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December 1996, Week 2


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Peggi Weaver <[log in to unmask]>
Reply To:
Tue, 10 Dec 1996 22:22:01 -0300
text/plain (111 lines)
Taking the position against dubbing there is nothing worse than bad vice
 casting.  I see this
on TV all the time, also you get to know the voices and they don't correspond to
 the same face.
But getting back to the original question I never experiened the idea of a film
 being subtitled
as being silent, but then the majority of the films where I live have subtitles.
  I also have
to confess that I haven't seen Toyiko Story either, so I have question - does a
language (when a person isn't accustommed to hearing it) blend in to the
 background - ie. with
the music.  Metropolis is an example of a silent film that on video now has a
 music score
attached.  If so Japanese is a musical language and possibly the student became
 confused.  The
voices of the actors are part of the joy for me and if I like the film I'd
 prefer to see it
again and again to enjoy the visuals along with any dialogue I may have missed
 at first
reading/viewing.  This is of course the same I would give a film in my first
P weaver
Meredith McMinn wrote:
> The one argument in favor of dubbing is also an argument against, or,
> more accurately, making the point of the original post.  The actor's
> voice is as much a part of the performance and thus of the  film as any
> other single element.  No two actors sound exactly alike and certainly
> English sounds quite different from other languages.  Unfortunately,
> watching films in an unfamiliar language is always going to involve some
> loss (or is it enhancement, at times?) in the translation.
> The one good argument in favor of dubbing, in my opinion, is that it
> gives American voice-over actors work.  Thus, I am in favor of it...if I
> get the job! :-)
> Meredith
> On Thu, 5 Dec 1996, Evan Cameron wrote:
> > Let me second Jesse Kalin's remark that the strange effect of switching
> > one's attention from perceiving to reading, which subtitles requires,
> > deserves more attention that it has been given, and is indeed, in my
> > experience and judgment, the sole and perhaps decisive argument in favour
> > of dubbing.  It is unfortunate that most North Americans have no awareness
> > of how well and effectively dubbing can be done, though most Europeans who
> > lived through the last era of cross-country exchanges of good films
> > (1955-1970) will not forget it, especially when confronted with the
> > computerized garbage rushed into place nowadays.  The impact of
> > Tarkovsky's long takes when well-dubbed, for example, compared to the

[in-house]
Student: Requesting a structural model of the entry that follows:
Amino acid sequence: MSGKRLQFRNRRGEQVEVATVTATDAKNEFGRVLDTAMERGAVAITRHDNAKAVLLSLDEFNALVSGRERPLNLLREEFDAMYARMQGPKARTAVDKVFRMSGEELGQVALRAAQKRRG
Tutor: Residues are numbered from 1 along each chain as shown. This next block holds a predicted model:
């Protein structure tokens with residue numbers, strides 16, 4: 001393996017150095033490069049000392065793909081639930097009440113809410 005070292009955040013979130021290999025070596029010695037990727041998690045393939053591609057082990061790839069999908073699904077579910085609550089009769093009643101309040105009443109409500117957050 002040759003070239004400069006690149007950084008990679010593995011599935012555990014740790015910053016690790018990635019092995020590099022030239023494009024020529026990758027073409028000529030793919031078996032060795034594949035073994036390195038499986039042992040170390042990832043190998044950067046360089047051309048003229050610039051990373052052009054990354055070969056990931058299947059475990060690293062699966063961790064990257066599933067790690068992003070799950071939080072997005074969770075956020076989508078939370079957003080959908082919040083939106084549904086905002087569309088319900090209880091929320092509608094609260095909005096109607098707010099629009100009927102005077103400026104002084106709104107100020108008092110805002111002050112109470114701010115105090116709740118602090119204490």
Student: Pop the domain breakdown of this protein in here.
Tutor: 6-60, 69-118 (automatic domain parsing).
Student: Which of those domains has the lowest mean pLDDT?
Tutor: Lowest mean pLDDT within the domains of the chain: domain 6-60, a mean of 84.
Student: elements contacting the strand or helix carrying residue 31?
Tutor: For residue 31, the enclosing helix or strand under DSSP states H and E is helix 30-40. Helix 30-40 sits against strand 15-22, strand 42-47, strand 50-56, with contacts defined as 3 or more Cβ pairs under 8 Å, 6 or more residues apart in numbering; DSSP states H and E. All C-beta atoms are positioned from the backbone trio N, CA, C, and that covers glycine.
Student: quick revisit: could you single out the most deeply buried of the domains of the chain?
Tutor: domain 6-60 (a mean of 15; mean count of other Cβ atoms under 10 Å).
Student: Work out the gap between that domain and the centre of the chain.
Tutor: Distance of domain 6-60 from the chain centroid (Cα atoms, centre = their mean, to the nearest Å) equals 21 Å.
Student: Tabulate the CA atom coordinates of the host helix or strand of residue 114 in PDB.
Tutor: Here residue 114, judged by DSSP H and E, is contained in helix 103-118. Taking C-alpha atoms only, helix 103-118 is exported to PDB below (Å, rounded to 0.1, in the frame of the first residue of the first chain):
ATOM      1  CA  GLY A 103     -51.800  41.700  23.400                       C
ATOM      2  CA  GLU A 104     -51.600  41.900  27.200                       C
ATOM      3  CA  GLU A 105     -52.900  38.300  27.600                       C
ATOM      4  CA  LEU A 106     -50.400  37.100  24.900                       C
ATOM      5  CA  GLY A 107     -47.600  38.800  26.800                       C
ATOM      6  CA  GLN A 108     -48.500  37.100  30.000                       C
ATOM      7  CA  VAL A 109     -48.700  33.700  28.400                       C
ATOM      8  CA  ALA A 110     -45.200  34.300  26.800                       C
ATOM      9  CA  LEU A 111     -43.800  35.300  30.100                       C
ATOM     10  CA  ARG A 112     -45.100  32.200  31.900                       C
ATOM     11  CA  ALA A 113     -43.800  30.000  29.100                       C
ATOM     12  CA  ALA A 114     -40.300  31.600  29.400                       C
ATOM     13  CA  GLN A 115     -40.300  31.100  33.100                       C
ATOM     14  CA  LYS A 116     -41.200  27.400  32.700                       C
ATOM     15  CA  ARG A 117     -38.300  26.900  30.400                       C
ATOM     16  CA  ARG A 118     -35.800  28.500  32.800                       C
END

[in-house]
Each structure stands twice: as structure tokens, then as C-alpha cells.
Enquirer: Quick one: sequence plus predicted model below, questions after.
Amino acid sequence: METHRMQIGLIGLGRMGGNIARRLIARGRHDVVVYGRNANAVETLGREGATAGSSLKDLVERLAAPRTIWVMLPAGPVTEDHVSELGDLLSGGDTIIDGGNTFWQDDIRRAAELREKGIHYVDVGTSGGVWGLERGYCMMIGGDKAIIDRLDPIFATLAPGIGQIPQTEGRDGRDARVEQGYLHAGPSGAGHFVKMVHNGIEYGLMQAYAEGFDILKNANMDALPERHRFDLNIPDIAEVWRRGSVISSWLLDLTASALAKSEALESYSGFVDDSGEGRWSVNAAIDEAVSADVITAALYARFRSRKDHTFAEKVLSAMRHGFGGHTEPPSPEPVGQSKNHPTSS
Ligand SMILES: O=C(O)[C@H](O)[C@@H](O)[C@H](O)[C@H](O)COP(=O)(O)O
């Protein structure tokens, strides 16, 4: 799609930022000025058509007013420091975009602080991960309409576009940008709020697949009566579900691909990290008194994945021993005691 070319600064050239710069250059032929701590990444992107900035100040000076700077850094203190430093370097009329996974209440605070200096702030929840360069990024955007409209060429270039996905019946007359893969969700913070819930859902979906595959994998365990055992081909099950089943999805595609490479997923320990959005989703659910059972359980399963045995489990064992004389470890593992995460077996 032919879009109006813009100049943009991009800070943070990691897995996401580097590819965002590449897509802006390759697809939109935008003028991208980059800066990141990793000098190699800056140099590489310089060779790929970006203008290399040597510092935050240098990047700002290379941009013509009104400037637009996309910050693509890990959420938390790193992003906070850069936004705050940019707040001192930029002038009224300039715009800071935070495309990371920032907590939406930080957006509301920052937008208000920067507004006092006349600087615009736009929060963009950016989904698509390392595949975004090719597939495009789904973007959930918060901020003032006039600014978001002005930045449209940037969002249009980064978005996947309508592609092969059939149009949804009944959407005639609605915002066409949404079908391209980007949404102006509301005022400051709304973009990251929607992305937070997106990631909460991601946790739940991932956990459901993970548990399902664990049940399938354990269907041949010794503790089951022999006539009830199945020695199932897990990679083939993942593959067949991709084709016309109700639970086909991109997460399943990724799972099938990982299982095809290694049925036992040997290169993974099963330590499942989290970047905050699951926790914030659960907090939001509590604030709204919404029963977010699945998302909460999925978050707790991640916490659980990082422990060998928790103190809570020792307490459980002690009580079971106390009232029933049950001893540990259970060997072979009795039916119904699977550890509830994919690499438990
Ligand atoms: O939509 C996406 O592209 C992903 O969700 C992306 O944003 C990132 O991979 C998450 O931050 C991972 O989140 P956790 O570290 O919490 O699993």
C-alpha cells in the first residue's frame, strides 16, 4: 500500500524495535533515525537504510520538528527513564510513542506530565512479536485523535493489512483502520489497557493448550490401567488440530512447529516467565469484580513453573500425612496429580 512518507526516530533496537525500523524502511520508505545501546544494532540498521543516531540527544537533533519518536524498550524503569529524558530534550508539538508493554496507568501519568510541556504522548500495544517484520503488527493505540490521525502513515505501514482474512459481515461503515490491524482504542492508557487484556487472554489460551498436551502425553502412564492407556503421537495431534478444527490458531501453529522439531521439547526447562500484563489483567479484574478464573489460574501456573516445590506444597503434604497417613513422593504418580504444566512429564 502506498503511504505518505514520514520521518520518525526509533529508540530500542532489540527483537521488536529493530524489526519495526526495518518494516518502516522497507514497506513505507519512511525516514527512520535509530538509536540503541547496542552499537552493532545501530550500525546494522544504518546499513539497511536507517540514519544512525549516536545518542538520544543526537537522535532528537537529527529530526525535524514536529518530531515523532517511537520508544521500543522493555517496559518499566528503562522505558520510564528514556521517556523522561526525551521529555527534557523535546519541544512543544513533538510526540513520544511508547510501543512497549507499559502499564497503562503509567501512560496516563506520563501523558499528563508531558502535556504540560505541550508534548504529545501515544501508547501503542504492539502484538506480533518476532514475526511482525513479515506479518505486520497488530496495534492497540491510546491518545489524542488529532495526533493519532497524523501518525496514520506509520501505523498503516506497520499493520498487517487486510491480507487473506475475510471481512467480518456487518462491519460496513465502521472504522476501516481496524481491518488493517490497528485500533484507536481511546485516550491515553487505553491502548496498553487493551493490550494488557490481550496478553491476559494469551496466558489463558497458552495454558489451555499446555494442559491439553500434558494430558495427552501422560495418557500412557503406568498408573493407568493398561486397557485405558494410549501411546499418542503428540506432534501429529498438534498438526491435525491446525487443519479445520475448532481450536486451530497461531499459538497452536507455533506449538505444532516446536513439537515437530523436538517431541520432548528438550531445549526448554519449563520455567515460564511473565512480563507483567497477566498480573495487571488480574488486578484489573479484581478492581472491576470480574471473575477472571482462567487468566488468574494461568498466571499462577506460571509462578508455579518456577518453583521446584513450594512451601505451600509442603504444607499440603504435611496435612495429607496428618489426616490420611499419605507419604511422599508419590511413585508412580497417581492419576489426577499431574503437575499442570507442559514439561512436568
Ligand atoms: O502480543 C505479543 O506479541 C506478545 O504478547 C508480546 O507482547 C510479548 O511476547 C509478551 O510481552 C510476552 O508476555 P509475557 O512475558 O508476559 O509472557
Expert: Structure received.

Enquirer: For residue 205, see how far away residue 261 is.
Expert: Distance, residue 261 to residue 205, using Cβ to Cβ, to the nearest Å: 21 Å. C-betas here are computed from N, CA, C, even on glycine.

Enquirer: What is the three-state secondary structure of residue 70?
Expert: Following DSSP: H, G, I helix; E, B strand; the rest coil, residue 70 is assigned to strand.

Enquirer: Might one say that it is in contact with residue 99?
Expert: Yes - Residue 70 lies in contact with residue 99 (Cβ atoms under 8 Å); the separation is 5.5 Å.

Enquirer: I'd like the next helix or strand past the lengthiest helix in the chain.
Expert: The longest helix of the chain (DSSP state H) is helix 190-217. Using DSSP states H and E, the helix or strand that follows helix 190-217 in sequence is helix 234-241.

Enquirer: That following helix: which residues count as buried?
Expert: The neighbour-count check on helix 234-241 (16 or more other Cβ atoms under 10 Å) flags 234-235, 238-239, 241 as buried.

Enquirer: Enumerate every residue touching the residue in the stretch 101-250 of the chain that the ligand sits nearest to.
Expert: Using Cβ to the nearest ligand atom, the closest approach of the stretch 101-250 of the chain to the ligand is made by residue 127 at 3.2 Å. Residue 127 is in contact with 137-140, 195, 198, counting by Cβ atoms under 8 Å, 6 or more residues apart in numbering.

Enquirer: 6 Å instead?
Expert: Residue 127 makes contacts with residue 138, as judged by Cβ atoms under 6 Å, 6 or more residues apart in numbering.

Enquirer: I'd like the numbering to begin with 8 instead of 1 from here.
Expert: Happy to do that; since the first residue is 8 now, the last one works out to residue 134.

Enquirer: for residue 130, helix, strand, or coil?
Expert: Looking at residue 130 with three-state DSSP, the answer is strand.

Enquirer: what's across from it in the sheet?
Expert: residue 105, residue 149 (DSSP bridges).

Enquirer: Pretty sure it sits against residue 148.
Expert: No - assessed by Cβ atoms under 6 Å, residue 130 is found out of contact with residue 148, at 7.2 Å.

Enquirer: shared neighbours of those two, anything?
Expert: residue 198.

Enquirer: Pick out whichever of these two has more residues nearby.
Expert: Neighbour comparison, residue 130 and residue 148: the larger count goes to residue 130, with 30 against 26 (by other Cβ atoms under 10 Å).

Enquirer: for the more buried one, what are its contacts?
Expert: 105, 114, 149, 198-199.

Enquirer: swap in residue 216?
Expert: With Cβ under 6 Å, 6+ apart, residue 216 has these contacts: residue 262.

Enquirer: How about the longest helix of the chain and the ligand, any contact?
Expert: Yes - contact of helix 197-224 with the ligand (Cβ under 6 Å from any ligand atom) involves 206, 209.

> > constant interruption of them required when reading subtitles, has
> > perhaps to be experienced to be believed.
> >
> > It is equally unfortunate that no one has bothered to study the most
> > notable other effect of reading subtitles.  I well recall how intellectual
> > the babblings of the drunken guests at Fellini's party in EIGHT-AND-A-HALF
> > seemed to those of us compelled to read the lines via subtitles when it
> > appeared (is read like an existentialist tract); and how astonished we
> > were to learn that our Italian counterparts considered ASPHALT JUNGLE to
> > be equally intellectual when its dialogue was filtered through the act of
> > reading, compared to the debased level of communication they found in
> > their own indigenous productions (their masterpieces, by our 'reading').
> >
> >
> > Evan William Cameron                            Telephone: 416-736-5149
> > York University - CFT 216 (Film)                Fax:       416-736-5710
> > 4700 Keele Street                               E-mail:    [log in to unmask]
> > North York, Ontario
> > Canada  M3J 1P3
> > On Thu, 5 Dec 1996, Jesse Kalin wrote:
> >
> > > I find this response by students as strange and puzzeling as Don.  I have
> > > never encountered it, even in "first" film courses, though I can quite
> > > imagine that students come to "block out" the (language) sound through
> > > their focus on reading.  (This actually is an argument for dubbing, though
> > > that's another issue.)  I have used Japanese films extensively, especially
> > > Ozu and "Tokyo Story", and a wide range of films other than Kurosawa.  I
> > > have always encouraged them to listen to the Japanese and begin to connect
> > > it (inflection, tone, etc.) with facial expression, bodily comportment,
> > > the information given in subtitles.  (They have also been encouraged to
> > > the films twice, though most don't, except in response to a specific
> > > assignment or for a term paper.)
> > >
> > > But film is also a strange beast, living as much in our imaginations (and
> > > constructed memories, ie., as retold stories--modified, amplified,
> > > embellished, etc.
> > >
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